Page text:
Book Review: Russia and Britain
The Impact of the Russian Revolution in Britain, by R. Page Arnot (Lawrence and Wishart, 45s.)
Page Arnot’s book is a well-documented account of the way events in Russia in the period 1917-1921 were received in Britain—the reactions of the government, the Press, political parties and trade unions. It deals with the Communist seizure of power in Russia, the new government’s withdrawal from the war with Germany, its handling of desperate economic problems, the civil war, and the armed intervention by the British and other governments, and shows in parallel how different groups in this country opposed or supported the Russian Government, organised protest demonstrations and so on.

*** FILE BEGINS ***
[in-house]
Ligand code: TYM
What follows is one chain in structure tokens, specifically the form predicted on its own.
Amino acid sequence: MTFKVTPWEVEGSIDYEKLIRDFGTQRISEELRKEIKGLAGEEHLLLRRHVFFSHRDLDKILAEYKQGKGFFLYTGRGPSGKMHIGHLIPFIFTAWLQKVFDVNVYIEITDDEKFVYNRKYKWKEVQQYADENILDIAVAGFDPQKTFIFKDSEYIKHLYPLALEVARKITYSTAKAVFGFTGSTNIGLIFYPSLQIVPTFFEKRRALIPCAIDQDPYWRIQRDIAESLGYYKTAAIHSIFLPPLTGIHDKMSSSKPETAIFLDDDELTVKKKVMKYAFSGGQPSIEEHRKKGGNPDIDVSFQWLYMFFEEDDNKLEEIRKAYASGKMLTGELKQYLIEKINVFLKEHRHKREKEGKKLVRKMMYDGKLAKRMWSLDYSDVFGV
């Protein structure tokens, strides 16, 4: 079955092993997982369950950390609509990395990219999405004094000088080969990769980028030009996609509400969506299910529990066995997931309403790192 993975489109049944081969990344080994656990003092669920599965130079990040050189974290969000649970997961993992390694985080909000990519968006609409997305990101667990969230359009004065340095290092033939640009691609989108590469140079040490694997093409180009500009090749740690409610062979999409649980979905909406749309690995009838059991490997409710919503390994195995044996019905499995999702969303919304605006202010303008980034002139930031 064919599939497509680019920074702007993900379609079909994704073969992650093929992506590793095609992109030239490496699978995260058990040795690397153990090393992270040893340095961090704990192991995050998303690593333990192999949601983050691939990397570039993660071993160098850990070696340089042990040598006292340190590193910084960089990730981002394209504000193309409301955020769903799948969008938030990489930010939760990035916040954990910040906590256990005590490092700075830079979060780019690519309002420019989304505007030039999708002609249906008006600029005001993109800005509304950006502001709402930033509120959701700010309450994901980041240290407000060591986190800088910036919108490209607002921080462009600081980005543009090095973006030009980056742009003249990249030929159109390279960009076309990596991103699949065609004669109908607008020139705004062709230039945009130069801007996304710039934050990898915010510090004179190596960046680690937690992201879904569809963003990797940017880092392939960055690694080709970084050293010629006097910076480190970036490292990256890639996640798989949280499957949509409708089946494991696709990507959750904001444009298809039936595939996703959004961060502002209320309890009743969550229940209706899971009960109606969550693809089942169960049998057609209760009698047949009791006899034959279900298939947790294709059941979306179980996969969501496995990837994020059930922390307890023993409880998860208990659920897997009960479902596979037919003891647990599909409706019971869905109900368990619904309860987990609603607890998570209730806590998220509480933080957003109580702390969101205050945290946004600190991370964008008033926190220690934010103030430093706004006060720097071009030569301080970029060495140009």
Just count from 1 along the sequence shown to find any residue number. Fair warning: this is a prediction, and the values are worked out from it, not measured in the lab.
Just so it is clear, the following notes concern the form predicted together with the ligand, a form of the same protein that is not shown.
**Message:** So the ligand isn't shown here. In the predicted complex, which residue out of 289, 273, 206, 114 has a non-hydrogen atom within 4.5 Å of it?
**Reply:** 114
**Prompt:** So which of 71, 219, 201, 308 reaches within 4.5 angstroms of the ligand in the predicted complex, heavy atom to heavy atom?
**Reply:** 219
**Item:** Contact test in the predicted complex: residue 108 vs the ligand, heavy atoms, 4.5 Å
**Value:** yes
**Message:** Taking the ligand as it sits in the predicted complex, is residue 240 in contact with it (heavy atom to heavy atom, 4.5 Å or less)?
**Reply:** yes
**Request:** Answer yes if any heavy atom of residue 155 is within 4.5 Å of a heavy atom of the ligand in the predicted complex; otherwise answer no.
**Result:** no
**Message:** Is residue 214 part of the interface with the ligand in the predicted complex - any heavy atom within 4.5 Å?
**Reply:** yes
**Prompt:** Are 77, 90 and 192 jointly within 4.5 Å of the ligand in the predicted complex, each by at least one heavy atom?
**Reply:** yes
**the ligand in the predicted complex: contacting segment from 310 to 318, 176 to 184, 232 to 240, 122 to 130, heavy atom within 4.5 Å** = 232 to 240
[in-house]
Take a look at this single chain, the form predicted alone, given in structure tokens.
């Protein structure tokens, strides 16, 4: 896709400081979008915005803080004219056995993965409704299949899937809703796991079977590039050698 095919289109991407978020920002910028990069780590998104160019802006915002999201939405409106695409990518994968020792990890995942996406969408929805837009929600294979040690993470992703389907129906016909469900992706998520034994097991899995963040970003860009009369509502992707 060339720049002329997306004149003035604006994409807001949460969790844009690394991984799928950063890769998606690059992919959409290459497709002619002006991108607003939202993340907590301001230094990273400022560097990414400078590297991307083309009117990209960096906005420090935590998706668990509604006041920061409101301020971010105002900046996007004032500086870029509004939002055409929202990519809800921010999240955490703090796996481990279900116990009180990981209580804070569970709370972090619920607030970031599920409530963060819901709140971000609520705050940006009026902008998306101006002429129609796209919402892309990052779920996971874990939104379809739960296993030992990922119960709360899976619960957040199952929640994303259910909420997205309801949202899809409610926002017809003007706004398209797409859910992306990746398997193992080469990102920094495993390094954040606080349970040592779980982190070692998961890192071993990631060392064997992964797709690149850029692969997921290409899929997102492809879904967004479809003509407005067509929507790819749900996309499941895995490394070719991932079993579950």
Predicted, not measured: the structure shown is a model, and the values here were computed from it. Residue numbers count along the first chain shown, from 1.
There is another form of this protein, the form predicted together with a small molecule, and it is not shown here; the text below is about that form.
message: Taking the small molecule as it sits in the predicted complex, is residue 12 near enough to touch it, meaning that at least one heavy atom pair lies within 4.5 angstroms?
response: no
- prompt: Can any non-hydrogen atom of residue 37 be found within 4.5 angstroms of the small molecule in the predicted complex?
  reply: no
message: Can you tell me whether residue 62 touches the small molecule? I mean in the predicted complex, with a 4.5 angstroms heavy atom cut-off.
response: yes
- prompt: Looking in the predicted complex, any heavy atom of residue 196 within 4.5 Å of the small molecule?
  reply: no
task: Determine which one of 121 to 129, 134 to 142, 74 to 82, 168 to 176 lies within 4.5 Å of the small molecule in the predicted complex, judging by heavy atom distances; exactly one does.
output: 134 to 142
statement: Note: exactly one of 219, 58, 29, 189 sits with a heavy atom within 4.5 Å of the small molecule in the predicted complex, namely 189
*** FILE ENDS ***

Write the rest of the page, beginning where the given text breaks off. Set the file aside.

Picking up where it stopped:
Undoubtedly in 1917 large sections of the propertied class were badly frightened (just as their predecessors had been at the time of the French Revolution) by the thought that the example of the overthrow of Czardom and confiscation of property, added to war-weariness and industrial strife, might endanger property rights in Britain. Even if they had known then (and most of them did not) that in the long run Russia just like France, would settle down as part of the world capitalist order, they would have feared that in the short run they could expect a few very troubled years. This book will help those who want to recapture the political fears and hopes of the time.
What it lacks is an understanding by the author of what was really emerging out of the confusion of those early years. He shared the common delusion that 50 years ago Socialism was just about to emerge in Russia, Britain and elsewhere.